Don’t blame the unions … blame the lawmakers in Harrisburg

Letter by David W. P. Jones, Daily Local News, 7/11/14

Mr. Thomas Haas … you stated that you were taught “if we make a mistake, to correct it.” Well, you made a few mistakes in your article.

First and foremost, taxpayers have no claim to the private payments and accounts made by teachers. This is not taxpayers’ money, this is the money workers paid from their wages and it belongs. Second, your taxes are not going up “just” because of the pensions. Other issues, like construction, special education, medical benefits and for-profit private school payments are also contributing to the escalation. Next, if the solution were as simple as you suggest it would have been done by now, but one of the things you overlook … which is extremely important … is that the legislators are part of this same system. So, the difficulty is not getting legislators to vote to change employees benefits, but rather, that they must change their own benefits at the same time.

You referred to pensions in the private sector that had to be modified because they were “overly generous.” The private sector pensions were not overly generous, they were underfunded in the exact same way the public sector pensions have been underfunded. In the private sector many companies simply shifted to pay profits before they paid their obligations and then claimed they didn’t have enough funds left to pay their obligations. Many of these pension systems went bankrupt and then the taxpayers had to bail them out with the federally funded pension insurance.

You also blame the “generous formula” the unions pushed for as part of the problem. Well, that generous recalculation in 2002 under the Ridge administration was part of the problem, but it was not generated by the unions, it was pushed by the Legislature and the administration. Just to be clear, while the employees did get a generous recalculation of 25 percent, the legislators actually doubled that to 50 percent for themselves. So don’t blame that one on the unions, please….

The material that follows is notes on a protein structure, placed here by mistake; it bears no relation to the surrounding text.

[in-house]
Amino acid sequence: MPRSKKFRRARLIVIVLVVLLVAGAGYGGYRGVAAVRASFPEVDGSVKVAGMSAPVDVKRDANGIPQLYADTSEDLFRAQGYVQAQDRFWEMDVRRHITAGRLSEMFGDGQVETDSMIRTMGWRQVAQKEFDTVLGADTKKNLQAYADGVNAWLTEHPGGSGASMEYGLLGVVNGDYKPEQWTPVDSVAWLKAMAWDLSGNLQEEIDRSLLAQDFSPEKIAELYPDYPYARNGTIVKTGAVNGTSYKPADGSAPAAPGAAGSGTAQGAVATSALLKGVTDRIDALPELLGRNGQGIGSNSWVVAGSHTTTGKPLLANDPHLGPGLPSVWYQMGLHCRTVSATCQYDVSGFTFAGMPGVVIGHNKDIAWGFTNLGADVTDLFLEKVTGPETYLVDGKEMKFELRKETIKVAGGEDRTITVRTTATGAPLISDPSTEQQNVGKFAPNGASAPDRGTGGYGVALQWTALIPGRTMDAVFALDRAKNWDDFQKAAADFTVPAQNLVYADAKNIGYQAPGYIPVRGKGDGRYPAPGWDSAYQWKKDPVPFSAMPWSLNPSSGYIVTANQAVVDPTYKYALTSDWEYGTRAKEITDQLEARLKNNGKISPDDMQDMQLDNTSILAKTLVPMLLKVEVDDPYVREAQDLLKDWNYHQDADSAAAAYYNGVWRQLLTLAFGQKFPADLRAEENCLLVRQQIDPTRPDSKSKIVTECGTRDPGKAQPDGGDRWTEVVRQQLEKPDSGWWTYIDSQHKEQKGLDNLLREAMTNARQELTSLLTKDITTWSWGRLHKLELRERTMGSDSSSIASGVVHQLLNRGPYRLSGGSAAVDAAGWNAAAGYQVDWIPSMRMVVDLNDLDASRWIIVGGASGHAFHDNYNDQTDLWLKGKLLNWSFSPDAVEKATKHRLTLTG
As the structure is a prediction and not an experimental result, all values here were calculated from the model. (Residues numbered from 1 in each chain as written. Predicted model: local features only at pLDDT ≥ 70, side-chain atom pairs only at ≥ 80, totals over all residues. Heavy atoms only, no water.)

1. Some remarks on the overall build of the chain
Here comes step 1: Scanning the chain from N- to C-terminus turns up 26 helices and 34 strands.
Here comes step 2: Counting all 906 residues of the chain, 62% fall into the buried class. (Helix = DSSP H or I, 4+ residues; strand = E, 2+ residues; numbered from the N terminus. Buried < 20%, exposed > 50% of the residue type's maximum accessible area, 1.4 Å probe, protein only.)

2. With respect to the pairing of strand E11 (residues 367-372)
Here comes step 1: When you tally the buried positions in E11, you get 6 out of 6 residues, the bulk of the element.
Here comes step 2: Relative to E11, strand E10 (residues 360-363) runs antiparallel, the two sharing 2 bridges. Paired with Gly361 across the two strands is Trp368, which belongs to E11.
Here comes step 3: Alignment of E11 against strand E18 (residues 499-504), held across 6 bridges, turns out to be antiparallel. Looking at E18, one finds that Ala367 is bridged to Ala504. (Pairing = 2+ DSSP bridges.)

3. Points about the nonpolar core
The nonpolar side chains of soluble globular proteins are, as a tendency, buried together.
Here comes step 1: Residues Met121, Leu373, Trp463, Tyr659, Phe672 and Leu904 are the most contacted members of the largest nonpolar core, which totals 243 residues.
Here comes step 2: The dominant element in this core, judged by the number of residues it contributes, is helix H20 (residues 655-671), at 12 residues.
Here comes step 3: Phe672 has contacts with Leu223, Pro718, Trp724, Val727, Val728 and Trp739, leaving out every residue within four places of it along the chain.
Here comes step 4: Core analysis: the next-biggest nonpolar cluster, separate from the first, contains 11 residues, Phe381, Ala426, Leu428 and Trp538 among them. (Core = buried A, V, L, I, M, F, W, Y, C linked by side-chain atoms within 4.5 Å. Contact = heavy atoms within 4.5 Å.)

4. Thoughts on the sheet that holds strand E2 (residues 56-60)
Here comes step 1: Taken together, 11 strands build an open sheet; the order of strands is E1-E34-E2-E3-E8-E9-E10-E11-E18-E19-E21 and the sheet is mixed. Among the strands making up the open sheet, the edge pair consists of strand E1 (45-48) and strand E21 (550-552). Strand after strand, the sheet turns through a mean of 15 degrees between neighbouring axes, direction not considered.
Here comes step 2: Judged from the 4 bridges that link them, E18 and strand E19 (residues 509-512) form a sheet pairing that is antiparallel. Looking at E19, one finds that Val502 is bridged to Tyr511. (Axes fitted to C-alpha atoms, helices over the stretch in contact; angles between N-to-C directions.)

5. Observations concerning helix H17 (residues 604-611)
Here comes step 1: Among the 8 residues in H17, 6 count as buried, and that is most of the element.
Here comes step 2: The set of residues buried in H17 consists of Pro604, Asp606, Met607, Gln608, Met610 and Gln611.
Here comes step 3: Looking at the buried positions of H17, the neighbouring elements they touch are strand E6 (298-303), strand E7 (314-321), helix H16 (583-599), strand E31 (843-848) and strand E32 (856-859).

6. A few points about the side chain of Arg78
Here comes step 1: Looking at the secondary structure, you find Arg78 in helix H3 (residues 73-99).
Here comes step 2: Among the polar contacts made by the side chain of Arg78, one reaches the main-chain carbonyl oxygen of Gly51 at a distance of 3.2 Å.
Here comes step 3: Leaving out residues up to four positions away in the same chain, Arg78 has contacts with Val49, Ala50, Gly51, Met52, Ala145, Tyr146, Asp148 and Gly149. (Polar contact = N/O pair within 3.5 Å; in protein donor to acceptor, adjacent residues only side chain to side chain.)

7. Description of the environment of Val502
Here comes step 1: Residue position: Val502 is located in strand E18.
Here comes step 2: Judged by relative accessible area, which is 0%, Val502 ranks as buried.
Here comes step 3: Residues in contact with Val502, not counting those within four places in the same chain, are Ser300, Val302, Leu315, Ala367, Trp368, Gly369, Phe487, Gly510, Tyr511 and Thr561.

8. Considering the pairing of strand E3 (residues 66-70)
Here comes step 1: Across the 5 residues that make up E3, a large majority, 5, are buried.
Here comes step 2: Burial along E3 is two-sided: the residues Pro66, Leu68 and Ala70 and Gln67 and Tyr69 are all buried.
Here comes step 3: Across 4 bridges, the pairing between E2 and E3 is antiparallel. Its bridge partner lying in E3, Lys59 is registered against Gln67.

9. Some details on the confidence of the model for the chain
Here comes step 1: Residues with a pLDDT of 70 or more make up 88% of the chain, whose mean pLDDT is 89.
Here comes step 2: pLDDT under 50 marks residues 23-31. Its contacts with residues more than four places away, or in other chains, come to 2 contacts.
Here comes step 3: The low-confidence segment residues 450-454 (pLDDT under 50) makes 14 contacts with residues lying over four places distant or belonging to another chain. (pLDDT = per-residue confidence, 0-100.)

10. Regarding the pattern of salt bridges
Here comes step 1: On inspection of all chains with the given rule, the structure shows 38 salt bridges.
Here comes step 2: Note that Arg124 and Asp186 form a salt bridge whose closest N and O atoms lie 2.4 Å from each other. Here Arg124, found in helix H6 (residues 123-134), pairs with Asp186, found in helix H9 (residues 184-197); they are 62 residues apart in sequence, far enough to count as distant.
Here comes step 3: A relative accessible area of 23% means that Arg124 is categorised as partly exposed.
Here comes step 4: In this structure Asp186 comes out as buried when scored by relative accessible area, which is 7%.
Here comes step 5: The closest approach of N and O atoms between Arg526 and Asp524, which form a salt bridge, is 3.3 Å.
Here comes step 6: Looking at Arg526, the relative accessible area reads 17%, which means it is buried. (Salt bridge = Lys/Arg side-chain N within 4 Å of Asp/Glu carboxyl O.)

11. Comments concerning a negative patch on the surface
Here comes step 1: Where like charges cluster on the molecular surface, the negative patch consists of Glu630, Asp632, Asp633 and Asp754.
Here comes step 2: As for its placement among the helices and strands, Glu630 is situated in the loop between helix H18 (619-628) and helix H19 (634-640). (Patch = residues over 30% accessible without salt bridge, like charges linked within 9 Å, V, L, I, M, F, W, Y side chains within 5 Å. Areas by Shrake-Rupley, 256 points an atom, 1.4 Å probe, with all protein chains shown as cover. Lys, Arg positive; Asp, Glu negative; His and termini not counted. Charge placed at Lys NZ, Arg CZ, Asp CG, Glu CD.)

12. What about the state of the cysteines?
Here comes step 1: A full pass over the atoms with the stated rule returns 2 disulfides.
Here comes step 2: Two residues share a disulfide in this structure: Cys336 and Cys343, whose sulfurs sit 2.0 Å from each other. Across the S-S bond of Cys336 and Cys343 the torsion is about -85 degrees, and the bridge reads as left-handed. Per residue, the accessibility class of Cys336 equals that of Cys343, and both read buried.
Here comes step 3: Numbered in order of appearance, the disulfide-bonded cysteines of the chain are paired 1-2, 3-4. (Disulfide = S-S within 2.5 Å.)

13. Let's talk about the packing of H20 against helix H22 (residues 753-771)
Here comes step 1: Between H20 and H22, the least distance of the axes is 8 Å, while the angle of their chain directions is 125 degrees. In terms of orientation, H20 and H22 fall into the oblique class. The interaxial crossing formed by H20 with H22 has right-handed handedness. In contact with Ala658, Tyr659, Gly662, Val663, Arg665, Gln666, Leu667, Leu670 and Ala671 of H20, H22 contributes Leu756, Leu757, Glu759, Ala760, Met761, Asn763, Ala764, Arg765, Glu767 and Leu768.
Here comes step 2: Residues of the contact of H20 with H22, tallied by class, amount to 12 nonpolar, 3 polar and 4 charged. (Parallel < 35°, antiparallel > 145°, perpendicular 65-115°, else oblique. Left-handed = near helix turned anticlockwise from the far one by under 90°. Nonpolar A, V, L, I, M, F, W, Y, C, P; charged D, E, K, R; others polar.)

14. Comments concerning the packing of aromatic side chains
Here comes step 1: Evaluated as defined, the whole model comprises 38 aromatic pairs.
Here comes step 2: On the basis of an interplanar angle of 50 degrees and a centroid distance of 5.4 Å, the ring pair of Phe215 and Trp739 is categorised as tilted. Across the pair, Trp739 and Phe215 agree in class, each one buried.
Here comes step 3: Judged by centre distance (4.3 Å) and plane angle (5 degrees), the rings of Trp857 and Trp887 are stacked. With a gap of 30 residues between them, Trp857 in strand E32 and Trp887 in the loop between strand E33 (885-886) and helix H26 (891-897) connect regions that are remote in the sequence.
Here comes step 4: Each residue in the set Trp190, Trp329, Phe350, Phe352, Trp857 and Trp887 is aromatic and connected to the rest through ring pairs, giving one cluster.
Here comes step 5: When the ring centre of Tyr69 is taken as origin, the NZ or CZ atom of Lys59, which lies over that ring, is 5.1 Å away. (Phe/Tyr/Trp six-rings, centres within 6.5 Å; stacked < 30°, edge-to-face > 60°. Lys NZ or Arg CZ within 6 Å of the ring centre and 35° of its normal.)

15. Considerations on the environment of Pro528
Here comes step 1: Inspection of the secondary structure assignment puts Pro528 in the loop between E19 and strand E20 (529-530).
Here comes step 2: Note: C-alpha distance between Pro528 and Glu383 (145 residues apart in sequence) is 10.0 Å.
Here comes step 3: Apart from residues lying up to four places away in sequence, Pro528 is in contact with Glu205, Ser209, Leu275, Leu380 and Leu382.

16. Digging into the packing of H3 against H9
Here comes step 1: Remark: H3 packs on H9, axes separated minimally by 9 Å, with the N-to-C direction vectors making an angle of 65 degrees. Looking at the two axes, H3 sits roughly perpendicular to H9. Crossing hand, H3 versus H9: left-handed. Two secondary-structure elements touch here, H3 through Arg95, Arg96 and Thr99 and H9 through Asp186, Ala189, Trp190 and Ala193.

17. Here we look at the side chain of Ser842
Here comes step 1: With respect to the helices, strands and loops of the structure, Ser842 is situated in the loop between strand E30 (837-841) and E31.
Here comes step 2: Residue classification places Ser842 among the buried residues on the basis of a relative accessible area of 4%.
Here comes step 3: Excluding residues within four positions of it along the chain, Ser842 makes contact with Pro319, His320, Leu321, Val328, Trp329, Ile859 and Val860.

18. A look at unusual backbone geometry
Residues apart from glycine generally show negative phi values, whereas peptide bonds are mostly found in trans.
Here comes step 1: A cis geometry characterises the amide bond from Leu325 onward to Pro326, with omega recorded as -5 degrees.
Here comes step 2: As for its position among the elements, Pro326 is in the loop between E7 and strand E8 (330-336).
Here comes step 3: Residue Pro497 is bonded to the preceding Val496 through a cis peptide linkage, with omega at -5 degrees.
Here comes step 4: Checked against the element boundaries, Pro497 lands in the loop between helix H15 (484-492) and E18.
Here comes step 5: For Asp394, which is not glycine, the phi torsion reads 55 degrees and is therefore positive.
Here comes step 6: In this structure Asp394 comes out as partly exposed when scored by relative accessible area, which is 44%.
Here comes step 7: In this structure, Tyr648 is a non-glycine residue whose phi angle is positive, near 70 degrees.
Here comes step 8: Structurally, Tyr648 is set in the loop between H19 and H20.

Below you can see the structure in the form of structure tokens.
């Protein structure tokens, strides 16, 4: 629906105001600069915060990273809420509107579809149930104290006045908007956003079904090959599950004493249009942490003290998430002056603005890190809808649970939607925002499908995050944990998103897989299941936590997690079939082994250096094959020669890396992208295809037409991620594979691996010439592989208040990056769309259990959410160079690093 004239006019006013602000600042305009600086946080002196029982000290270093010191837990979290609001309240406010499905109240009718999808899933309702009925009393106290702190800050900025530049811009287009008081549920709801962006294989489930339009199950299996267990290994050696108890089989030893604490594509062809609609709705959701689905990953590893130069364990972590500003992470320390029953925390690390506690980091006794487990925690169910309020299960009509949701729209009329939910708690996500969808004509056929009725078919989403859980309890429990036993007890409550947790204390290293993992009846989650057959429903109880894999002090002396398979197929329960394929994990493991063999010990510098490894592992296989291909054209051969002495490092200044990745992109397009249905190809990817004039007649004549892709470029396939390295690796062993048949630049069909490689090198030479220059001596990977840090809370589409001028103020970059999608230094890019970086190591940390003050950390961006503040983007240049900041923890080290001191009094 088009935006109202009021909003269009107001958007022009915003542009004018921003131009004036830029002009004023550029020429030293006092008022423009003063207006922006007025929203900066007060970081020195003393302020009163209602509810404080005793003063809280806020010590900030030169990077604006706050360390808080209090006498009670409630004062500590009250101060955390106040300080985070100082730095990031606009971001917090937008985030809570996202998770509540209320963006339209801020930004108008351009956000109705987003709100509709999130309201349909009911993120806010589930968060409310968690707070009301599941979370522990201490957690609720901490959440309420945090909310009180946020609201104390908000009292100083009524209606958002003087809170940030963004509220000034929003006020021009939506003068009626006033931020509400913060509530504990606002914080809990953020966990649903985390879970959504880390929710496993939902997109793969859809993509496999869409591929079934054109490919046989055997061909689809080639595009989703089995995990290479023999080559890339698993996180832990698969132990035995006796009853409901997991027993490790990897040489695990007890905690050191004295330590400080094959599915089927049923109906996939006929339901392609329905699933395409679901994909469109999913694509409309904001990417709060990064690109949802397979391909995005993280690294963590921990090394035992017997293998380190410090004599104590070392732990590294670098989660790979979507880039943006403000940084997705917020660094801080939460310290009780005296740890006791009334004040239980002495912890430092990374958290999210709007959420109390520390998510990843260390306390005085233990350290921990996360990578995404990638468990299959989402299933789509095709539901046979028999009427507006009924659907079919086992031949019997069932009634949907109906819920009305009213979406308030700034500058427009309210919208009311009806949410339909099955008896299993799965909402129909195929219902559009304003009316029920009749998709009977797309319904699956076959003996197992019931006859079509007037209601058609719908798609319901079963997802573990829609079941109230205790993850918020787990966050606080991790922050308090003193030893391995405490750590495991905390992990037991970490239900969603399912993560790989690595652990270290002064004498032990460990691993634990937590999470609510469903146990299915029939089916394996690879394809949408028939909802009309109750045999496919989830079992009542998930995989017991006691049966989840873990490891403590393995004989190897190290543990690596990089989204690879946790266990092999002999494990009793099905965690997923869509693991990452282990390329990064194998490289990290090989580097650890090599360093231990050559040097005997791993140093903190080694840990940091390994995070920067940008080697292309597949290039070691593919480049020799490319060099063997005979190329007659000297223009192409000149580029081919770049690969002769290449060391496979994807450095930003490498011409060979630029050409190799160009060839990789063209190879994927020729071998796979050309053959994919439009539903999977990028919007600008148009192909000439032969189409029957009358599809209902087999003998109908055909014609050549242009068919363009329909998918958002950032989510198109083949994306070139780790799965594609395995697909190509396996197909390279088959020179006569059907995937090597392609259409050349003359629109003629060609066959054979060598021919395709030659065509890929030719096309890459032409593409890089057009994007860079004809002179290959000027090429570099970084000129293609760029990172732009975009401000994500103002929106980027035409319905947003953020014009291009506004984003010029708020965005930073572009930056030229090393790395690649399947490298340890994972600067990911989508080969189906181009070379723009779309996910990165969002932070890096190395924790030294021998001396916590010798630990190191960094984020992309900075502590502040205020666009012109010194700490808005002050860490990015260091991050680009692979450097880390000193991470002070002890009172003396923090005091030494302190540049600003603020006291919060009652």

read more at Daily Local Newsbenefits

Finnish Schools Not Relying on Ed Tech

by Diane Ravitch, 5/31/14

Caitlin Emma of Politico.com paid a visit to Finland and was surprised to discover that teachers are not depending on educational technology. By contrast, American schools are spending billions of dollars on tablets, laptops, and other devices.

She writes:

“Finnish students and teachers didn’t need laptops and iPads to get to the top of international education rankings, said Krista Kiuru, minister of education and science at the Finnish Parliament. And officials say they aren’t interested in using them to stay there.

“That’s in stark contrast to what reformers in the U.S. say. From President Barack Obama on down, they have called education technology critical to improving schools. By shifting around $2 billion in existing funds and soliciting $2 billion in contributions from private companies, the Obama administration is pressing to expand schools’ access to broadband and the devices that thrive on it.